Thalia

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You do realize you can turn off newbie hints? Just type:

> HINT


Thalia

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One of my favorite newbie schools was actually set-up as a school -- multi-floor, multi-room. The room names told what lesson was taught in that room.   I think it was right off of the main town square/recall point.  It wasn't a mandatory thing to do, but optional, highly encouraged.... I think you got nudged a few times if you didn't go through it.... or maybe you had to do it to get beyond the basic hunting areas??  But you were definitely "in town" where you could interact with seasoned players, not segregated.

The lessons were some times given by someone talking, some times by reading a book or writing on the wall/blackboard.

A lot of things were set-up so you could try them -- like the interaction we have with filling a waterskin.

And you could go back to the schoolhouse to re-read things, it wasn't just a one shot through.   Now that I think about it, the upper floors might have had commands related to advanced commands, so you might even have been encourage to go hunting or exploring the game after going through the rooms on the first floor.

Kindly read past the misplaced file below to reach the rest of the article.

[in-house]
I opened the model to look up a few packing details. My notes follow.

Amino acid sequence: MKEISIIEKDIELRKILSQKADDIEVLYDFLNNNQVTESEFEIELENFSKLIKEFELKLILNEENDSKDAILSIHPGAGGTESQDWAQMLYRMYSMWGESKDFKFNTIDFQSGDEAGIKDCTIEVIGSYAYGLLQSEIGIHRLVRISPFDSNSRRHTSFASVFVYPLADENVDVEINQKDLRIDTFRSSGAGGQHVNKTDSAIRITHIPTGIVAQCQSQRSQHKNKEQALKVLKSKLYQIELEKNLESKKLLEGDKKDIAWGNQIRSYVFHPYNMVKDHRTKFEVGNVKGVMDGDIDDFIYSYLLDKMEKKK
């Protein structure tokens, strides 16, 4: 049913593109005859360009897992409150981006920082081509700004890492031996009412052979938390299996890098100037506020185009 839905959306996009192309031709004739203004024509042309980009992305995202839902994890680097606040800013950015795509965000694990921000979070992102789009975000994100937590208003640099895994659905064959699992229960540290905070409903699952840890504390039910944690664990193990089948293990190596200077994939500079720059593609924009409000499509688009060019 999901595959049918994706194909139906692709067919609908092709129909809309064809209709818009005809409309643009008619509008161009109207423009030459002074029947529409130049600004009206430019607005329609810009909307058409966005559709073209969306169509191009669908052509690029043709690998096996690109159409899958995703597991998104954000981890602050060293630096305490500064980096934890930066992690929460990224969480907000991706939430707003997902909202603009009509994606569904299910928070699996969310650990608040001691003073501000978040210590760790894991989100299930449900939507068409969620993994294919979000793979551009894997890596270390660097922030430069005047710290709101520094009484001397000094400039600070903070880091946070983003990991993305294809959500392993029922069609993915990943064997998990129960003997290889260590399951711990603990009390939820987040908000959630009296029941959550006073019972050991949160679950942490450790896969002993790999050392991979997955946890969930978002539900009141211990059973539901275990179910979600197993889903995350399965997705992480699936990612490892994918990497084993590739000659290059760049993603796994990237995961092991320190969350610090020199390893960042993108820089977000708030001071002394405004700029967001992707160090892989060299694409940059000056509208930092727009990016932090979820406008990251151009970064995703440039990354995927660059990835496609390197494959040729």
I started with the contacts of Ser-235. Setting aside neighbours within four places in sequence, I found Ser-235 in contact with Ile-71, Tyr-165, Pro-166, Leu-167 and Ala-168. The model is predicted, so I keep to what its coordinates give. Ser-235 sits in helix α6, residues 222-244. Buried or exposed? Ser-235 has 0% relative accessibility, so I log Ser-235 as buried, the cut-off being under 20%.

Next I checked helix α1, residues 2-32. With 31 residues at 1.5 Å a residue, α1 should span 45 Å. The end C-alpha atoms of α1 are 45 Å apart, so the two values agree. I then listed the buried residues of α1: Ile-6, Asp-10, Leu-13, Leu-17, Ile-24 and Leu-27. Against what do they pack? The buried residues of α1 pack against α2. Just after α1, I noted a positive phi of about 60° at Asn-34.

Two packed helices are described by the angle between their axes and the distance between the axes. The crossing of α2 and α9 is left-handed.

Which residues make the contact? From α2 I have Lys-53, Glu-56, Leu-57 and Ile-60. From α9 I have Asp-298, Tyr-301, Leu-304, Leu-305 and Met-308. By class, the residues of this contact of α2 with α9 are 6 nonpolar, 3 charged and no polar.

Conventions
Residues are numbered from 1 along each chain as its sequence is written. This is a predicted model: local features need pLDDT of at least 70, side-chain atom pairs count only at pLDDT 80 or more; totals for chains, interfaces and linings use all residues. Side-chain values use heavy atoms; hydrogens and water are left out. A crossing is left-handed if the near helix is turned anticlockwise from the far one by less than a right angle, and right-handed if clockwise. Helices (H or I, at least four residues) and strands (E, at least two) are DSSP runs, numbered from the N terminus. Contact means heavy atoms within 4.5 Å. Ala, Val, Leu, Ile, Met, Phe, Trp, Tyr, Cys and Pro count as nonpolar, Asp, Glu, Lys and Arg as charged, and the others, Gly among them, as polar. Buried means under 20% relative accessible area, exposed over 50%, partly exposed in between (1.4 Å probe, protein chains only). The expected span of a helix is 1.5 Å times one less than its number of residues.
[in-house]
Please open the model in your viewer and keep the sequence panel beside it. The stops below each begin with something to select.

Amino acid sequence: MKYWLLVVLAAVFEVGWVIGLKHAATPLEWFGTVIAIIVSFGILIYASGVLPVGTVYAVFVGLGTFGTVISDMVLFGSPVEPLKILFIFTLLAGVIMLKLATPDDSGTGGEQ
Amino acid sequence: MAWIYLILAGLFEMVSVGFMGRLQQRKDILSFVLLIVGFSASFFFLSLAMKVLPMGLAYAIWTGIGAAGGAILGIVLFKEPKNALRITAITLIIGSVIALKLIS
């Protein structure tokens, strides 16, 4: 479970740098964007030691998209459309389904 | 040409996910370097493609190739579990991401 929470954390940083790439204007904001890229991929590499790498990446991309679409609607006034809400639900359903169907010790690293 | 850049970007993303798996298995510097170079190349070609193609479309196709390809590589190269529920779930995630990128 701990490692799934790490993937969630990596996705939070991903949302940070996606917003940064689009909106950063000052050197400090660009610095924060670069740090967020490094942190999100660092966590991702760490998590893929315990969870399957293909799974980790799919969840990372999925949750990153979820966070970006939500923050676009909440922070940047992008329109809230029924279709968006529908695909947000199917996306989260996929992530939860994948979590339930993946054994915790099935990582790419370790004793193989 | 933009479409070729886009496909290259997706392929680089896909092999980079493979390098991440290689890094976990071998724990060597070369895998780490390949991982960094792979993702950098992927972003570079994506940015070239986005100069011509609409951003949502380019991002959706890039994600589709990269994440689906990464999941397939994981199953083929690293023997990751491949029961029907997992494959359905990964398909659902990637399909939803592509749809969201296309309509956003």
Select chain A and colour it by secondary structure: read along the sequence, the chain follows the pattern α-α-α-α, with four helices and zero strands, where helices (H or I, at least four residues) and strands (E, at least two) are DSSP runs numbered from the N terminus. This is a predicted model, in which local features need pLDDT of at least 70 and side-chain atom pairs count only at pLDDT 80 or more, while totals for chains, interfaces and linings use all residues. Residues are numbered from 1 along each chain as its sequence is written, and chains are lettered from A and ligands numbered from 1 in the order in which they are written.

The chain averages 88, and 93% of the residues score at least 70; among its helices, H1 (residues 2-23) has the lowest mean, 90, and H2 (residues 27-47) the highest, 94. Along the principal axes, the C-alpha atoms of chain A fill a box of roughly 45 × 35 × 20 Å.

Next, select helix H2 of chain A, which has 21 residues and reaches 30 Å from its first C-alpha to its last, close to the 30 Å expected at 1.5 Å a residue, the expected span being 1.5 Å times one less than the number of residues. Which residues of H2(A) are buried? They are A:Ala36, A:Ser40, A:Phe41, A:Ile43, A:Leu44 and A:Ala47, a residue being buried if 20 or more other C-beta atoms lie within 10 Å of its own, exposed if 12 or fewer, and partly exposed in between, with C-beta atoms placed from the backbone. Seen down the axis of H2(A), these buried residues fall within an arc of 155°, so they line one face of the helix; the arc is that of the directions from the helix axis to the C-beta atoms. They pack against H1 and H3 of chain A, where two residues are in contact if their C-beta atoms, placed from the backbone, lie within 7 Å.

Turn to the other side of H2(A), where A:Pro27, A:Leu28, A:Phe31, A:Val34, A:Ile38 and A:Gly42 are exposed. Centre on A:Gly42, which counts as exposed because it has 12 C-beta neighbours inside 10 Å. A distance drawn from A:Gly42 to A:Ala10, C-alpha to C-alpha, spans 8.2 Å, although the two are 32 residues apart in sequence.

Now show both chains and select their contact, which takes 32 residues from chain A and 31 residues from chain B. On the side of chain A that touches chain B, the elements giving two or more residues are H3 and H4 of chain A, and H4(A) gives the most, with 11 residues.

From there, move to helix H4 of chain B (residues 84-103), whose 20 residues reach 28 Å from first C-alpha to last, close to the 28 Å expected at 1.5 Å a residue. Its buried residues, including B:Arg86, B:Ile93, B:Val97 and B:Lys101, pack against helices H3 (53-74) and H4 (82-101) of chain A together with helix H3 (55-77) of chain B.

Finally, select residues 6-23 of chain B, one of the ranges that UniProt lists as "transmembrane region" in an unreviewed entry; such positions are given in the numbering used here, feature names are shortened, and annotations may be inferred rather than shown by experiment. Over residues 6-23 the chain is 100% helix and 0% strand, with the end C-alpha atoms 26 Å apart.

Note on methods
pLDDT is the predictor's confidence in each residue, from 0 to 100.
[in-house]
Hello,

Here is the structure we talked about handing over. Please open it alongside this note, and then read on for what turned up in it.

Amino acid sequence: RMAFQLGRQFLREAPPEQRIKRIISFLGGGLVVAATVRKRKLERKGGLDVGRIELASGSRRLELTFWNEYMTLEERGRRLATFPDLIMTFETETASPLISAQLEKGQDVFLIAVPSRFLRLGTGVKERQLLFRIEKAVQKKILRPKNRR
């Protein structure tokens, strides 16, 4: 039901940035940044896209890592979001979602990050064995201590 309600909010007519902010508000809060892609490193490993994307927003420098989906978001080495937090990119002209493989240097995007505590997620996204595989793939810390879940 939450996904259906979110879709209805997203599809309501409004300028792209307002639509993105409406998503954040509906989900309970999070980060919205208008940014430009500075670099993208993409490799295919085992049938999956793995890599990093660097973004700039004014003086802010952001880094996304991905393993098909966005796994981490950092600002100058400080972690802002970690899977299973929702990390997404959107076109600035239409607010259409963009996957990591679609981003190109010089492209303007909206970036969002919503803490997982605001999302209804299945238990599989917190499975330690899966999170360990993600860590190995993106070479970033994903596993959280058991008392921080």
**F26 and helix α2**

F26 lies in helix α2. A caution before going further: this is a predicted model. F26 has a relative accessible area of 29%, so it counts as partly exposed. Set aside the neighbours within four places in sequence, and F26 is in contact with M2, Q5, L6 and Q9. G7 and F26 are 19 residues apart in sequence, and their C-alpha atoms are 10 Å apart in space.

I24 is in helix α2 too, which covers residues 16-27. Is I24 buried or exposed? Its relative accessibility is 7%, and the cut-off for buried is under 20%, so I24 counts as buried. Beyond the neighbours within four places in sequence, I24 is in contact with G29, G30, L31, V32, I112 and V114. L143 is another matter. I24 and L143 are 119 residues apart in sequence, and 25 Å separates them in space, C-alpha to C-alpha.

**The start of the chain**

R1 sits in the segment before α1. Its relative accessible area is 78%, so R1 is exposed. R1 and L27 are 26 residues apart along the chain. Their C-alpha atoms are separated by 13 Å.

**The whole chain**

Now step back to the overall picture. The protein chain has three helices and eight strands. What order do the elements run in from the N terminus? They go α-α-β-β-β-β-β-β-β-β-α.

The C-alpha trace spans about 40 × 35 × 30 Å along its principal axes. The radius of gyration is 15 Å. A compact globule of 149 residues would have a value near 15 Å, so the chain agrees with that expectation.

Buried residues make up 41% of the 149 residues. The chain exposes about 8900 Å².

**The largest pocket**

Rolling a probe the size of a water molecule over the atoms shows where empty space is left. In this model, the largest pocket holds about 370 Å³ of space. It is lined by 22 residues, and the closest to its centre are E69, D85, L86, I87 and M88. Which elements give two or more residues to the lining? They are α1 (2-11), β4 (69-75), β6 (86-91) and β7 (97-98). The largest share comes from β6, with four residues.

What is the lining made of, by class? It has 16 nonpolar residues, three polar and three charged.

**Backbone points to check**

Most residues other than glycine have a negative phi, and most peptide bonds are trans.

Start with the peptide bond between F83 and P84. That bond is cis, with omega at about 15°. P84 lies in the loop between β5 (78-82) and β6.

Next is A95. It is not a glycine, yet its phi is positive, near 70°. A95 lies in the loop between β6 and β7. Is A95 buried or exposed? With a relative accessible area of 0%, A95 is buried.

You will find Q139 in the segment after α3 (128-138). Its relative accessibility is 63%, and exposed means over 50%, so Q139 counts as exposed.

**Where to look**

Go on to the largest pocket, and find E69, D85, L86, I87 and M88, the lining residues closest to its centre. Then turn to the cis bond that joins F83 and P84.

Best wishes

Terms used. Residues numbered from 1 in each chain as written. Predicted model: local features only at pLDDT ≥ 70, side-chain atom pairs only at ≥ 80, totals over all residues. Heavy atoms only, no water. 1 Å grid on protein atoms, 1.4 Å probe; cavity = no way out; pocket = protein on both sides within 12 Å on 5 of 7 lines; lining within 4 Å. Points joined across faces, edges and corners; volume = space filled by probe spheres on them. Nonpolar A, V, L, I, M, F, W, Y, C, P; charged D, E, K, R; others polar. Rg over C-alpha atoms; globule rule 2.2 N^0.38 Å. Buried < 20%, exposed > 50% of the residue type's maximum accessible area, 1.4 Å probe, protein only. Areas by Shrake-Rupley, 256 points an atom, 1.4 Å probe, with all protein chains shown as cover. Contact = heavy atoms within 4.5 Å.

« Last Edit: 03/05/13, 14:30 by Thalia »

Elendil

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One of my favorite newbie schools was actually set-up as a school -- multi-floor, multi-room. The room names told what lesson was taught in that room.   I think it was right off of the main town square/recall point.  It wasn't a mandatory thing to do, but optional, highly encouraged.... I think you got nudged a few times if you didn't go through it.... or maybe you had to do it to get beyond the basic hunting areas??  But you were definitely "in town" where you could interact with seasoned players, not segregated.

The lessons were some times given by someone talking, some times by reading a book or writing on the wall/blackboard.

A lot of things were set-up so you could try them -- like the interaction we have with filling a waterskin.

And you could go back to the schoolhouse to re-read things, it wasn't just a one shot through.   Now that I think about it, the upper floors might have had commands related to advanced commands, so you might even have been encourage to go hunting or exploring the game after going through the rooms on the first floor.

I like that idea, Thalia....I like it alot  :).  If it is doable, why not give that idea a whirl, Chal?  And I agree, typing "hint" is very simple and does the job beautifully.

Daklore

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The problem with hint is, it's not exactly known right off--yes, one of the hints does tell you how to disable hints--but not everyone -likes- having hints blasted at them every X seconds. Perhaps teach them the hint command to enable it, rather than have it auto-enabled.
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Algorgon